17 golfers reveal how they survived the putting yips
The putting yips. Outside of a stone cold shank, there’s arguably no more terrifying thought in all of golf. I don’t think I’ve ever had the yips myself, though I often feel that increased sense of tension over short putts that I can imagine accompanies the yips, which makes me think I’m “pre-yips.”
So, being the pre-yip golfer that I am, I’m doing some research. I asked members of our “How To Hit Every Shot” Facebook instruction group (which you can join for yourself right here) who suffered from the putting yips how they overcame them. Here’s what they came back with.
1. Buy a new putter
Sometimes, you just need to look down at something a little different. A fresh start, and a clean break from the bad times.
2. Lots of short-putting drills
There’s no easy way around the yips. It takes lots of practice drilling short putts. Find a short-putting drill that works for you, and do it — a lot.
3. Trust the line on your golf ball
Not everyone agrees with using a line on your golf ball, but one member of our group says starting to use a line — and trusting it — helped relax his nerves and overcome the yips.
4. Change your technique
This may seem intuitive, but lots of recreational golfers are resistant to changing what feels so comfortable to them. But the yips can often be caused by a mechanical issue, with a simple fix at the end of it.
5. Be less technical
Of course, there are those golfers who think too much about their technique, which is causing them the yips. If this sounds like you, take a step back and try not to focus on any technical thoughts.
6. Change your grip
Changing your putting grip is probably the most common work-around for the yips. Sometimes, all you need is a new, simple feeling to remove whatever damage that’s causing you the yips. There are a lot of them out there, including this anti-yip grip from GOLF Top 100 Teacher Mark Durland.
7. Go left-handed
…if you’re a right-handed golfer. Try putting right-handed if you’re a lefty. It worked for our own Michael Bamberger, who wrote about his yips survival story.
8. Don’t fear missing putts
The yips come from a fear of missing putts — which causes you to miss putts. Try to remove the fear itself, accept that you’ll miss putts, and the yips will disappear along the way.
9. Try a different method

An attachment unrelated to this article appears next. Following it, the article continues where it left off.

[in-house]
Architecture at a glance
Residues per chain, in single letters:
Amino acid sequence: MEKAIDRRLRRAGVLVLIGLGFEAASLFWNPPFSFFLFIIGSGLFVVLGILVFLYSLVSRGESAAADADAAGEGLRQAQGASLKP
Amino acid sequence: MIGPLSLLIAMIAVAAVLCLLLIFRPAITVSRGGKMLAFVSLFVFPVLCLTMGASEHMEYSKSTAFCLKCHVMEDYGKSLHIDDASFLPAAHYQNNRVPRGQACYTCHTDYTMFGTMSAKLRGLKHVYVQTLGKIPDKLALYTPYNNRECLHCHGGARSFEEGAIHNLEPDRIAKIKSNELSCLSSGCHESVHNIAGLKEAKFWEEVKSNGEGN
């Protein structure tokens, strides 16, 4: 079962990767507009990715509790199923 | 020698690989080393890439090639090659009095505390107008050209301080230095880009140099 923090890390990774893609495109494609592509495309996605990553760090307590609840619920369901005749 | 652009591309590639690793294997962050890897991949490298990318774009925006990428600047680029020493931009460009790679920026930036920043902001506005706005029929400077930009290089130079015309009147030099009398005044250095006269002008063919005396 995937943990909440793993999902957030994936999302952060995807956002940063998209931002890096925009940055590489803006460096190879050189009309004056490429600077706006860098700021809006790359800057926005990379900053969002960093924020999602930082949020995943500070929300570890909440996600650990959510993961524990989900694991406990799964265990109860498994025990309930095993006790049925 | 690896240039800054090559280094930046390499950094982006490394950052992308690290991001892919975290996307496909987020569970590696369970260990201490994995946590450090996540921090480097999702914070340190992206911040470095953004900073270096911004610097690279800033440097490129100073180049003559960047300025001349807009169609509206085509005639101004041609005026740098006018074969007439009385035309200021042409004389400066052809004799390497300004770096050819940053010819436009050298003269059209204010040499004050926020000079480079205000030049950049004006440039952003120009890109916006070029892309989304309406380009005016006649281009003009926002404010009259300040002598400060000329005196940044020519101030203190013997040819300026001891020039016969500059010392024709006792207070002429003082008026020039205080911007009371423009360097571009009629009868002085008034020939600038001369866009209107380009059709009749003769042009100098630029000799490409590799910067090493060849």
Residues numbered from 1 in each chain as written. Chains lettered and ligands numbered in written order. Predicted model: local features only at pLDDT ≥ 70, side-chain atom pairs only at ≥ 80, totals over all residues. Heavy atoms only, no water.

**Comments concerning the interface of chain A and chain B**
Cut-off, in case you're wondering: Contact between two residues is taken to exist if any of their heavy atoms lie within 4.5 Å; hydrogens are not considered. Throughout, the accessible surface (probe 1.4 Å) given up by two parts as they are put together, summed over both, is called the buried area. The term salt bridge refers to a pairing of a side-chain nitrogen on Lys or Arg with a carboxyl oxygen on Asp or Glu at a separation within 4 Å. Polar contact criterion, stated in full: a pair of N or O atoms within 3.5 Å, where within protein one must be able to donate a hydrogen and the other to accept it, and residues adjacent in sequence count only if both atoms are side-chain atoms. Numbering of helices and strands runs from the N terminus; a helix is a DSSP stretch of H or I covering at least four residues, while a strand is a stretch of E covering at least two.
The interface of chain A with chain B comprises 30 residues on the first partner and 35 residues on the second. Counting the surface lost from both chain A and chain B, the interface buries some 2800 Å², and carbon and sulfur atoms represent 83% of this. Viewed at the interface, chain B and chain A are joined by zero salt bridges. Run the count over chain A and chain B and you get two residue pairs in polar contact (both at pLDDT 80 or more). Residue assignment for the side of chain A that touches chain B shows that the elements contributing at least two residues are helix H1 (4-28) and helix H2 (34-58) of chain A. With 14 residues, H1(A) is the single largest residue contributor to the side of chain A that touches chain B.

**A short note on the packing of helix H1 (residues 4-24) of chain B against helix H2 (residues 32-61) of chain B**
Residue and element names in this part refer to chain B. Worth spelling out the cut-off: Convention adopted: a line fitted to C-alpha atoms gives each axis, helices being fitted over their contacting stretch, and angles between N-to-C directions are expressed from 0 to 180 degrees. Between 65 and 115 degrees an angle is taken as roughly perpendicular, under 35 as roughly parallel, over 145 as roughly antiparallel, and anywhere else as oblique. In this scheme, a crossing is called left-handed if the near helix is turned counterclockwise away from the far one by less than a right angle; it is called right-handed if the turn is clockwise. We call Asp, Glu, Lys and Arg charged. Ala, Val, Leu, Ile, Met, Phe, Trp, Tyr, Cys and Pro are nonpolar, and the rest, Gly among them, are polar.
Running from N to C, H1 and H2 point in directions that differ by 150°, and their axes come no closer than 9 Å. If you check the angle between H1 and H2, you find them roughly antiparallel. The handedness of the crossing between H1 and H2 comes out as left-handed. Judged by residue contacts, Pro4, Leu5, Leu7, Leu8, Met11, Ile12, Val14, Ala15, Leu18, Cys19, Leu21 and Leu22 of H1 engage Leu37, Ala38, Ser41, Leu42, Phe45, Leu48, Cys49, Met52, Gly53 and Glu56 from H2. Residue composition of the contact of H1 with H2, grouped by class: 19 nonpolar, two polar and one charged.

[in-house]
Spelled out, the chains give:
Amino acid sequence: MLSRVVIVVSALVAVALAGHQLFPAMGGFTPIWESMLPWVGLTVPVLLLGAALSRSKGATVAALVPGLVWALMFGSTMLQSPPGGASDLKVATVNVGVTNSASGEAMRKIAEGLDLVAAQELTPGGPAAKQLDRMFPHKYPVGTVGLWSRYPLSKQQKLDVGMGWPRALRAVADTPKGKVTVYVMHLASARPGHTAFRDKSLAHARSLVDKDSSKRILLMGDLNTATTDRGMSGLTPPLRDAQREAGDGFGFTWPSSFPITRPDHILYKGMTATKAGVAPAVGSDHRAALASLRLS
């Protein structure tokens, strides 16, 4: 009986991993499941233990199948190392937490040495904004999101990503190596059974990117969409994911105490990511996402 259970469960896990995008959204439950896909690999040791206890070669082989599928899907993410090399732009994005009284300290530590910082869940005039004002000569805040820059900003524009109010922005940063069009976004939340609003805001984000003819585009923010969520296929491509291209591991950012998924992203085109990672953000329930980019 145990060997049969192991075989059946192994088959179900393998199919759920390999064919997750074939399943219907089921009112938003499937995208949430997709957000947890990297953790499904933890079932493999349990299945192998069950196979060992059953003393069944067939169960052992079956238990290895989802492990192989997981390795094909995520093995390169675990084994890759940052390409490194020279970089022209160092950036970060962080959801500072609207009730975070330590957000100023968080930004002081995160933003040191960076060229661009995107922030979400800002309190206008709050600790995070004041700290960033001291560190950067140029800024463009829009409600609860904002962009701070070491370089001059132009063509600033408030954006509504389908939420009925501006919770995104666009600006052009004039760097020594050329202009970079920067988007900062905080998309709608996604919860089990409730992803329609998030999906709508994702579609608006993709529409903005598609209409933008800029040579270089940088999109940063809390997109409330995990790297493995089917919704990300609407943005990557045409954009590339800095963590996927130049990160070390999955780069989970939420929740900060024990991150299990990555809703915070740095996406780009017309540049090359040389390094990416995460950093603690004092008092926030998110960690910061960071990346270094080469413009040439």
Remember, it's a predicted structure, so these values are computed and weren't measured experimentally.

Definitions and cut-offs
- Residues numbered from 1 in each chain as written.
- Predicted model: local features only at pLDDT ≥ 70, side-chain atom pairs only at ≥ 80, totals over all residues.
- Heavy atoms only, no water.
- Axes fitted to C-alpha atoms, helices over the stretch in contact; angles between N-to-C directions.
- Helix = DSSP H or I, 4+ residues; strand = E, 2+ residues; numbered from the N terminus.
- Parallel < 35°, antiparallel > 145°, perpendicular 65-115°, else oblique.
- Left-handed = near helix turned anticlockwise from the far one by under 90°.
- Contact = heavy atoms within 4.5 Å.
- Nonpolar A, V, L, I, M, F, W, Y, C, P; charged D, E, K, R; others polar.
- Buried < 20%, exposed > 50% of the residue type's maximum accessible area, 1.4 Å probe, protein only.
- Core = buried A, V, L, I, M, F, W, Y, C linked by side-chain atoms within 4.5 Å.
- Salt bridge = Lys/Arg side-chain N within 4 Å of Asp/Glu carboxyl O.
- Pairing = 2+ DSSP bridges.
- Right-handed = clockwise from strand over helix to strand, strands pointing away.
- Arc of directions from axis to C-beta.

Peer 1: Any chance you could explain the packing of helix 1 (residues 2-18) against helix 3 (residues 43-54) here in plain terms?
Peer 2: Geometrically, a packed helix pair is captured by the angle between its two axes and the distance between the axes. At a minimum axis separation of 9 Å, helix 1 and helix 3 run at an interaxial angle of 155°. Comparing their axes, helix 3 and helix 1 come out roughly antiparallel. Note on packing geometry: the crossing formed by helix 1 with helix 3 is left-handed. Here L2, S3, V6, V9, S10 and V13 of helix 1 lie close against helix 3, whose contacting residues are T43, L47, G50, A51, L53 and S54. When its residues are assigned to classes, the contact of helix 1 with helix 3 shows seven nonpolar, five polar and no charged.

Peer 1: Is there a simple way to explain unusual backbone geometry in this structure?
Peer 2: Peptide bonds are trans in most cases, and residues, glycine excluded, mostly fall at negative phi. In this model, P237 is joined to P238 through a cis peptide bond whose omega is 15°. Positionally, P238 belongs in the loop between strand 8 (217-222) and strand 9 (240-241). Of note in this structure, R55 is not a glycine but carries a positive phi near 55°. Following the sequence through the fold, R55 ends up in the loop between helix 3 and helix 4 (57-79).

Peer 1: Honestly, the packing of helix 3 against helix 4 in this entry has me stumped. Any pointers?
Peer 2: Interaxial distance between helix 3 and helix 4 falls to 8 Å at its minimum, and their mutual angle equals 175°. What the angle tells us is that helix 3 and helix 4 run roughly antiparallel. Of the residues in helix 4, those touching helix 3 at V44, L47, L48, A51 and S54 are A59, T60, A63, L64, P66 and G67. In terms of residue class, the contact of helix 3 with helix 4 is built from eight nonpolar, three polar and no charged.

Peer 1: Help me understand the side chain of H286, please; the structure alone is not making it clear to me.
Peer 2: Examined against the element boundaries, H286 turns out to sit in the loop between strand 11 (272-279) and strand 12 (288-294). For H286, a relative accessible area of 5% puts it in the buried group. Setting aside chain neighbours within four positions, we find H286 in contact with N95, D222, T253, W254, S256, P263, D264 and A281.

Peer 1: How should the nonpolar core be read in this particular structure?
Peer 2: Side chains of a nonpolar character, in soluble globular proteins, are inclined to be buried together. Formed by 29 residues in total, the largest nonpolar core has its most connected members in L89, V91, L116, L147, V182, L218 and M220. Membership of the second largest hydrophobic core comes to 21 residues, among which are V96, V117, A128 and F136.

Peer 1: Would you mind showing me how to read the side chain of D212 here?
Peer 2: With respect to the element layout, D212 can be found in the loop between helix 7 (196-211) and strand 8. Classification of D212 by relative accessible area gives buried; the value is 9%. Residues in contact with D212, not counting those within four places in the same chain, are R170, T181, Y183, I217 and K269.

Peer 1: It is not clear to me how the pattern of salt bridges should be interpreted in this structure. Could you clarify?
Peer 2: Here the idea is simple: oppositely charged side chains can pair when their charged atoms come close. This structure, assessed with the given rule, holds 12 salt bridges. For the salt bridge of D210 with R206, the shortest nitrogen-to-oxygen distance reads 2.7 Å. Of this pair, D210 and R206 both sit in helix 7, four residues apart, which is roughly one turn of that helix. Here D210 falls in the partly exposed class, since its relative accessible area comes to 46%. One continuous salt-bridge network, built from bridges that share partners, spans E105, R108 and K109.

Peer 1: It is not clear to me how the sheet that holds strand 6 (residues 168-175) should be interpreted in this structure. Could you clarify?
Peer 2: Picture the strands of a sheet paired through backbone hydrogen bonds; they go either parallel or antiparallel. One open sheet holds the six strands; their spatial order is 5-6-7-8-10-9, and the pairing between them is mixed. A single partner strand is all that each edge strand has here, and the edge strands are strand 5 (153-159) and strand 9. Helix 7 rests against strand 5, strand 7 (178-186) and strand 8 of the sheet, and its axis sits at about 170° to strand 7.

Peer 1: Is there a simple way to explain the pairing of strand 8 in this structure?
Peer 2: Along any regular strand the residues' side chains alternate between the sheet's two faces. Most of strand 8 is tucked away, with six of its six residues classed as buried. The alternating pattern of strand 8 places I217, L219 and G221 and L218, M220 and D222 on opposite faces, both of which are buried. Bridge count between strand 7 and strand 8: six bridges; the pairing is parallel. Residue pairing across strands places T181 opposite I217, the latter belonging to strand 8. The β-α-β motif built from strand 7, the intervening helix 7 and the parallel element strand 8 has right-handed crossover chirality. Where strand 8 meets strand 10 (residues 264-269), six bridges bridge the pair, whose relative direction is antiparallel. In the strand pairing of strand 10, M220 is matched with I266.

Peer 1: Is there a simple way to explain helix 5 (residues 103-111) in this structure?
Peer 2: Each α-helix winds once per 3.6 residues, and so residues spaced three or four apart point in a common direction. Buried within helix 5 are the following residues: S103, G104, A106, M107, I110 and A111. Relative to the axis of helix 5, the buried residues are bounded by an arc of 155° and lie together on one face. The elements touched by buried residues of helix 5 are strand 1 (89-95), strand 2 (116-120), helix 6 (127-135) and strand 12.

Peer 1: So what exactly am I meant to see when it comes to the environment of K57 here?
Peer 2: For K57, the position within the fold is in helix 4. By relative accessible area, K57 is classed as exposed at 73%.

Arm-lock putting is increasingly popular on Tour, and it could help cure your yips. Or you could take a page from Sam Snead’s book and give side-saddle putting a try. If it’s good enough for one of the best ever, it may extend the life of your career, too.
10. Hold a tee in your hand
This was an interesting one. Instead of only holding the putter, hold a tee or divot repair tool in your trail hand while you putt. It can help relieve tension and distract you just enough from the pressure of the task at hand.
11. Read a putting book
There are lots of them out there, so give one a try. The suggestion in the group was to focus on one about the mental side of putting, like Dr. Bob Rotella’s “Putting Out Of Your Mind.”
12. Concentrate on the stroke, not the result
It’s as simple as that. Rather than worrying about the outcome, our resident survivors recommend focusing on the process.
13. Change the weight
This, of course, should be done under the supervision of an expert clubfitter, but don’t be afraid to experiment with the weight of your putter, or the size of your grip — Small tweaks that can help you get a little bit more comfortable.
14. Add some movement
This was an interesting suggestion: One of our survivors said that adding a little bit of movement, rather than standing rock-solid still, helped relive some tension and cure their yips.
15. Drink beer
When in doubt, go for some swing oil. Just make sure to enjoy responsibly.
16. Focus on your breathing
Forget the ball. Forget the putter. Forget the hole. Just focus on your breathing. In, then out. Make a stroke in-between.
17. Practice putting with your wedge
According to one of our readers: hit 10 putts with your wedge, then five with your putter. Repeat that process a few different times until the feeling translates.